Organic cotton is cotton which is produced according to the internationally recognized organic farming standards of the EU regulation 834/2007, of the USA National Organic Program (NOP), the Indian National Program for Organic Production (NPOP) or the Japanese Agricultural Standard (JAS).
What is organic production?
Organic cotton production does not simply mean replacing synthetic fertilizers and pesticides with organic ones. Organic cultivation methods are based more on knowledge of agronomic processes than input-based conventional production is.
The systemic approach aims to establish a diverse and balanced farming ecosystem which ideally includes all types of crops and farm activities. Farms need to complete a two-year conversion period to change their production system from conventional to organic. An essential element of organic production is the careful selection of varieties adapted to local conditions in terms of climate, soil and robustness to pests and diseases.
In conventional farming, cotton is considered a crop that is highly sensitive to pest attack. Large quantities of synthetic pesticides are sprayed to keep them under control. In organic farming, however, the use of synthetic pesticides is not allowed.
The organic approach adopts a completely different approach: the aim is first and foremost to prevent pests from even becoming a problem by establishing a diverse and balanced farm ecosystem and by monitoring pest populations carefully.
Organic pest management strategies include:
Crop rotation: Monocultures provide potential cotton pests with abundant food sources, causing their populations to increase rapidly. Furthermore, the use of pesticides against major pests can result in secondary pests becoming a problem. Crop rotation, however, helps to keep pests at a low level by establishing a natural balance.
Mixed cultivation: Has a similar effect to crop rotation but on a smaller area within the same cultivation period and the same field.
Promotion of natural enemies: Not using pesticides and diversifying crops benefits natural enemies of cotton pests such as birds, ladybirds, beetles, spiders, parasitic wasps, bugs and ants. They help the farmer keep pest attacks at tolerable levels. Providing suitable habitats for natural enemies such as ladybirds or lacewings can help to increase and establish their populations.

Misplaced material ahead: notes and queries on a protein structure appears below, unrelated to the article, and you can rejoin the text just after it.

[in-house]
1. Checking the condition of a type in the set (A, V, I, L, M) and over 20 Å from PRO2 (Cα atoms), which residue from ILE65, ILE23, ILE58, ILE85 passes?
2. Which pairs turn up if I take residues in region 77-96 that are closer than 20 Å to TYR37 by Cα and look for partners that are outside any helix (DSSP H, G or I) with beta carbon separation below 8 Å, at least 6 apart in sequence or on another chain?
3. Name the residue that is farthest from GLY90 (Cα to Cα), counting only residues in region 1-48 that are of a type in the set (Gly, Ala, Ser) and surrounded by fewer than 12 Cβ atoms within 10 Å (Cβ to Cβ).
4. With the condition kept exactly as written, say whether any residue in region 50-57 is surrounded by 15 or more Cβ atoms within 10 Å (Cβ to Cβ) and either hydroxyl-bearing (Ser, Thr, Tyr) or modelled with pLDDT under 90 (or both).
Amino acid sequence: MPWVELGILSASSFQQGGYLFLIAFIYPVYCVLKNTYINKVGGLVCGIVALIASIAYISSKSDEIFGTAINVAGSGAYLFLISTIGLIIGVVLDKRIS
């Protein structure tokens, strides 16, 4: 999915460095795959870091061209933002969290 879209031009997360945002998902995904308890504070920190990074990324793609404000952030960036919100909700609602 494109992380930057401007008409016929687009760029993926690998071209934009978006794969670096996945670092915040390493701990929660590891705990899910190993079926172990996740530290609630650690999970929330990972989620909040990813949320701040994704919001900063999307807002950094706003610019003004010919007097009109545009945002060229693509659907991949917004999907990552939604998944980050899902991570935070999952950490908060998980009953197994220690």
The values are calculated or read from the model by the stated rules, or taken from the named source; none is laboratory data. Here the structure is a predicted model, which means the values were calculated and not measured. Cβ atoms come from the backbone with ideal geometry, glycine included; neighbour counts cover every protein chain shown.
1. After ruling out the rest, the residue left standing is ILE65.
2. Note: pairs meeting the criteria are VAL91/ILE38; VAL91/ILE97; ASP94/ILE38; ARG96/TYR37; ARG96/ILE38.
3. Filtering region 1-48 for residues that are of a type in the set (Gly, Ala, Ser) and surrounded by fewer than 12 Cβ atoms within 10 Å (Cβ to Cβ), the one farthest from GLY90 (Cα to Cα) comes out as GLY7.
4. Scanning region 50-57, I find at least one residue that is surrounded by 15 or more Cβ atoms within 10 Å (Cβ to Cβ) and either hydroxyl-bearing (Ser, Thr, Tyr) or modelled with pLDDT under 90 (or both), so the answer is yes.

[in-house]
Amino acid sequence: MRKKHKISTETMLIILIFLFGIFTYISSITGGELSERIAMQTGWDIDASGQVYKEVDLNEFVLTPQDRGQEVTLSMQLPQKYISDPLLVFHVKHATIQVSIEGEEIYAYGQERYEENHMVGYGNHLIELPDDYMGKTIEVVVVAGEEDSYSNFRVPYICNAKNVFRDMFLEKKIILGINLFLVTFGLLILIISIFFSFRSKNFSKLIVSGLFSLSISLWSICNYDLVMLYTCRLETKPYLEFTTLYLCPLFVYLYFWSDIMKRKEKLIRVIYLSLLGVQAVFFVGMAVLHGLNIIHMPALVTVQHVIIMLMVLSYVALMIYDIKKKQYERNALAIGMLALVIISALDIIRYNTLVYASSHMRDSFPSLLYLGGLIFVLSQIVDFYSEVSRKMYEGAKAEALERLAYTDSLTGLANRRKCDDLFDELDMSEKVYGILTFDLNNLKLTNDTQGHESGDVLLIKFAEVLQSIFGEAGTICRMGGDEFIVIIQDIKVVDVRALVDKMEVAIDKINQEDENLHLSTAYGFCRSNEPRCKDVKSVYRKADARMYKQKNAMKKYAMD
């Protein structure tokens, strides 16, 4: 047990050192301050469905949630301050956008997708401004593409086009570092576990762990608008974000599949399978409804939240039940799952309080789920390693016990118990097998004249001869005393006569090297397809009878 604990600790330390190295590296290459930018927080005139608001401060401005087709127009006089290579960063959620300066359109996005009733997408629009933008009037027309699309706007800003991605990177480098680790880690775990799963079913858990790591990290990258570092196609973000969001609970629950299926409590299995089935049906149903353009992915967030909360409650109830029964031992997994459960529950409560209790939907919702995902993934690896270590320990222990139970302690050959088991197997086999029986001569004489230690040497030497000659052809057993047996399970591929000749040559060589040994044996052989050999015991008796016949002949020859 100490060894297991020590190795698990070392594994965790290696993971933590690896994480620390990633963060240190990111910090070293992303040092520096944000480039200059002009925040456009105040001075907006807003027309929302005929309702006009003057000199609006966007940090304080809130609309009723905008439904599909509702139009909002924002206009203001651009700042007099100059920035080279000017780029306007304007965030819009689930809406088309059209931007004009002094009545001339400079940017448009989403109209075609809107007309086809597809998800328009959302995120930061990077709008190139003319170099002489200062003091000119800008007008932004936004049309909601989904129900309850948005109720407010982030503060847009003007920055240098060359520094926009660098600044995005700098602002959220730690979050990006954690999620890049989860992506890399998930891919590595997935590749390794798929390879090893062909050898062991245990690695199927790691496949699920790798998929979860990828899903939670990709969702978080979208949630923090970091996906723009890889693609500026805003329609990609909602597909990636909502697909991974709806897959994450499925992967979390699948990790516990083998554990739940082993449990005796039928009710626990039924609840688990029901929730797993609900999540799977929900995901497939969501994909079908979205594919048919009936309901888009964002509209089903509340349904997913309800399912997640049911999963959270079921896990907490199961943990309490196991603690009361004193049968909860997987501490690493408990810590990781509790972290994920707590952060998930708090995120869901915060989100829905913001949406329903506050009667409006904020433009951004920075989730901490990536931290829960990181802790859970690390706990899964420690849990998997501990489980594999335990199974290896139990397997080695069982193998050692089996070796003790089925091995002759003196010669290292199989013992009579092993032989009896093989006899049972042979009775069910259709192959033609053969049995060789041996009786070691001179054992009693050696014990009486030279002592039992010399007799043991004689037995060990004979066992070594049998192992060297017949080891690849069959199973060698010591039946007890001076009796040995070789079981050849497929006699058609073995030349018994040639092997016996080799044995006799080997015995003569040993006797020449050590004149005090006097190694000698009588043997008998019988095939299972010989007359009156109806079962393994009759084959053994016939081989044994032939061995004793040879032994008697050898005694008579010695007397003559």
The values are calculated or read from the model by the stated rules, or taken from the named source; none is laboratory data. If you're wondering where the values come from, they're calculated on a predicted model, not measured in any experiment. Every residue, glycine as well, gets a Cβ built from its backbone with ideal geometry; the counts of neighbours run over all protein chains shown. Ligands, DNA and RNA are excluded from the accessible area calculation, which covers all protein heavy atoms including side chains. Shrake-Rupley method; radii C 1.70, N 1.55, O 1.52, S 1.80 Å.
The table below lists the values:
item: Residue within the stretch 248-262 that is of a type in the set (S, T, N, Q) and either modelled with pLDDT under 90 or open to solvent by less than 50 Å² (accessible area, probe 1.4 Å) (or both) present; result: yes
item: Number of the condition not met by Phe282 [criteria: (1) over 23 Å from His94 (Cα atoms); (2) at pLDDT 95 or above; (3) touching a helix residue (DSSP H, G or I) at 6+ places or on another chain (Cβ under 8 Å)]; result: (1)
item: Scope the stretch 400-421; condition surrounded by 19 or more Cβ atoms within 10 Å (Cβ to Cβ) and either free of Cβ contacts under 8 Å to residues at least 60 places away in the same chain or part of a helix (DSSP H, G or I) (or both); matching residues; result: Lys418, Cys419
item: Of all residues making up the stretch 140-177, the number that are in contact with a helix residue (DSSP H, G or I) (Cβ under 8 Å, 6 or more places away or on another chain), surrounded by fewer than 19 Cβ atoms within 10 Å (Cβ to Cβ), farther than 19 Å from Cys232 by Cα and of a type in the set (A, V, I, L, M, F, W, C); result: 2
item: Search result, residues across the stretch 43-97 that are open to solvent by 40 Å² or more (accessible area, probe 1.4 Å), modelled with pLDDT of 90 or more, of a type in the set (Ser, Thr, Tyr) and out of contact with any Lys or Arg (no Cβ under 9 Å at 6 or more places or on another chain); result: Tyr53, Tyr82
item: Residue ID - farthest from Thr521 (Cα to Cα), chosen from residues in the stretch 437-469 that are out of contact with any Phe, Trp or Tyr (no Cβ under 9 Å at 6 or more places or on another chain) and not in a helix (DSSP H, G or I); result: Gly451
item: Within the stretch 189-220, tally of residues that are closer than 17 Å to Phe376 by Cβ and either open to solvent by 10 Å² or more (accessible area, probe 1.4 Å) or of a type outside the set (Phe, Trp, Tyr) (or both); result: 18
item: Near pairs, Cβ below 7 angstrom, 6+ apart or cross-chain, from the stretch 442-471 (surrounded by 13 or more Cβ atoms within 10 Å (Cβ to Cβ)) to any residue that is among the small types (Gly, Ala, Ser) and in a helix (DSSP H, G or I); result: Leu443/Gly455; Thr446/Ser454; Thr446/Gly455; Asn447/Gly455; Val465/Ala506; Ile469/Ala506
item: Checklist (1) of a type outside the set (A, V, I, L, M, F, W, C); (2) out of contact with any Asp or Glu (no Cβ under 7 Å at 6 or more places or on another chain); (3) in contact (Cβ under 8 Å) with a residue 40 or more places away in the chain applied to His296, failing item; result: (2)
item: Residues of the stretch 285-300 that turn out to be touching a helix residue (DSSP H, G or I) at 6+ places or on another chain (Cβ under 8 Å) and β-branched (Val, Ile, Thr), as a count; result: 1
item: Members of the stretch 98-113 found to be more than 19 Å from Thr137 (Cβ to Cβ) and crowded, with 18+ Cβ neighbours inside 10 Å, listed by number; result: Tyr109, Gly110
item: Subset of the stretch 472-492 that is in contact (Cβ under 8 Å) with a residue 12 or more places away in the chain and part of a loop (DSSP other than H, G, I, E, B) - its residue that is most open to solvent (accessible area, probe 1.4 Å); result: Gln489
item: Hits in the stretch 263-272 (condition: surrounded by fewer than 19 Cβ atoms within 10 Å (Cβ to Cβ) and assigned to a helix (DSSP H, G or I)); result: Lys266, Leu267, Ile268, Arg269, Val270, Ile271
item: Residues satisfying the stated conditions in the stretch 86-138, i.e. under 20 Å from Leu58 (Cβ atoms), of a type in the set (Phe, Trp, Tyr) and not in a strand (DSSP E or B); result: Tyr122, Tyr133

Trap crops: Some cotton pests prefer crops like maize, sunflower, okra (lady finger), sorghum, pigeon pea or hibiscus to cotton. By growing these crops along with cotton as a trap crop, the cotton crop is spared. In addition to their positive impact in terms of pest control, these crops can be harvested and thus contribute to diversified production systems.
Natural pesticides: If preventive measures are not sufficiently efficient and pest populations exceed the economic threshold, a number of natural pesticides can be used in organic cotton cultivation. Some of these are: neem spray, prepared from neem kernels (Azadirachta indica) extract, effective against sucking pests, jassids, bollworms and thrips; pyrethrum, prepared from powdered flower heads or liquid extracts of chrysanthemum, effective against red cotton bug, cutworms, grasshoppers; botanical mixtures, combinations of extracts from different plants such as castor, thorn apple, lantana, custard apple, sweet potato leaves, tomato leaves, ginger, chilly, gliricidia, marigold, etc.
Harvest and post-harvest quality management
Usually, the cotton price is fixed according to the quality of the seed cotton. The most important measures to improve organic cotton quality during and after harvest are as follows:
- Remove leaves, capsules and damaged bolls from the cotton harvest.
- Pick and transport harvested cotton in clean cotton cloth material, never in nylon or other synthetic fabrics in order to avoid contamination with foreign fibres (from clothes, human hair, packaging material, etc.).
- Pick only mature cotton. Unripe cotton fibres do not absorb dyes well enough.
- Keep the cotton harvest dry. It should be picked in dry conditions, avoiding harvesting when there is morning dew or after rainfall. Storage also needs to be in a dry place.
- Prevent cotton from becoming contaminated with dust or chemicals, especially fertilizers, pesticides and petroleum.
- The use of any storage pest control (e.g. DDT) on harvest cotton is prohibited.
- Clearly separate organic cotton from non-organic cotton or cotton in conversion in order to avoid mixing.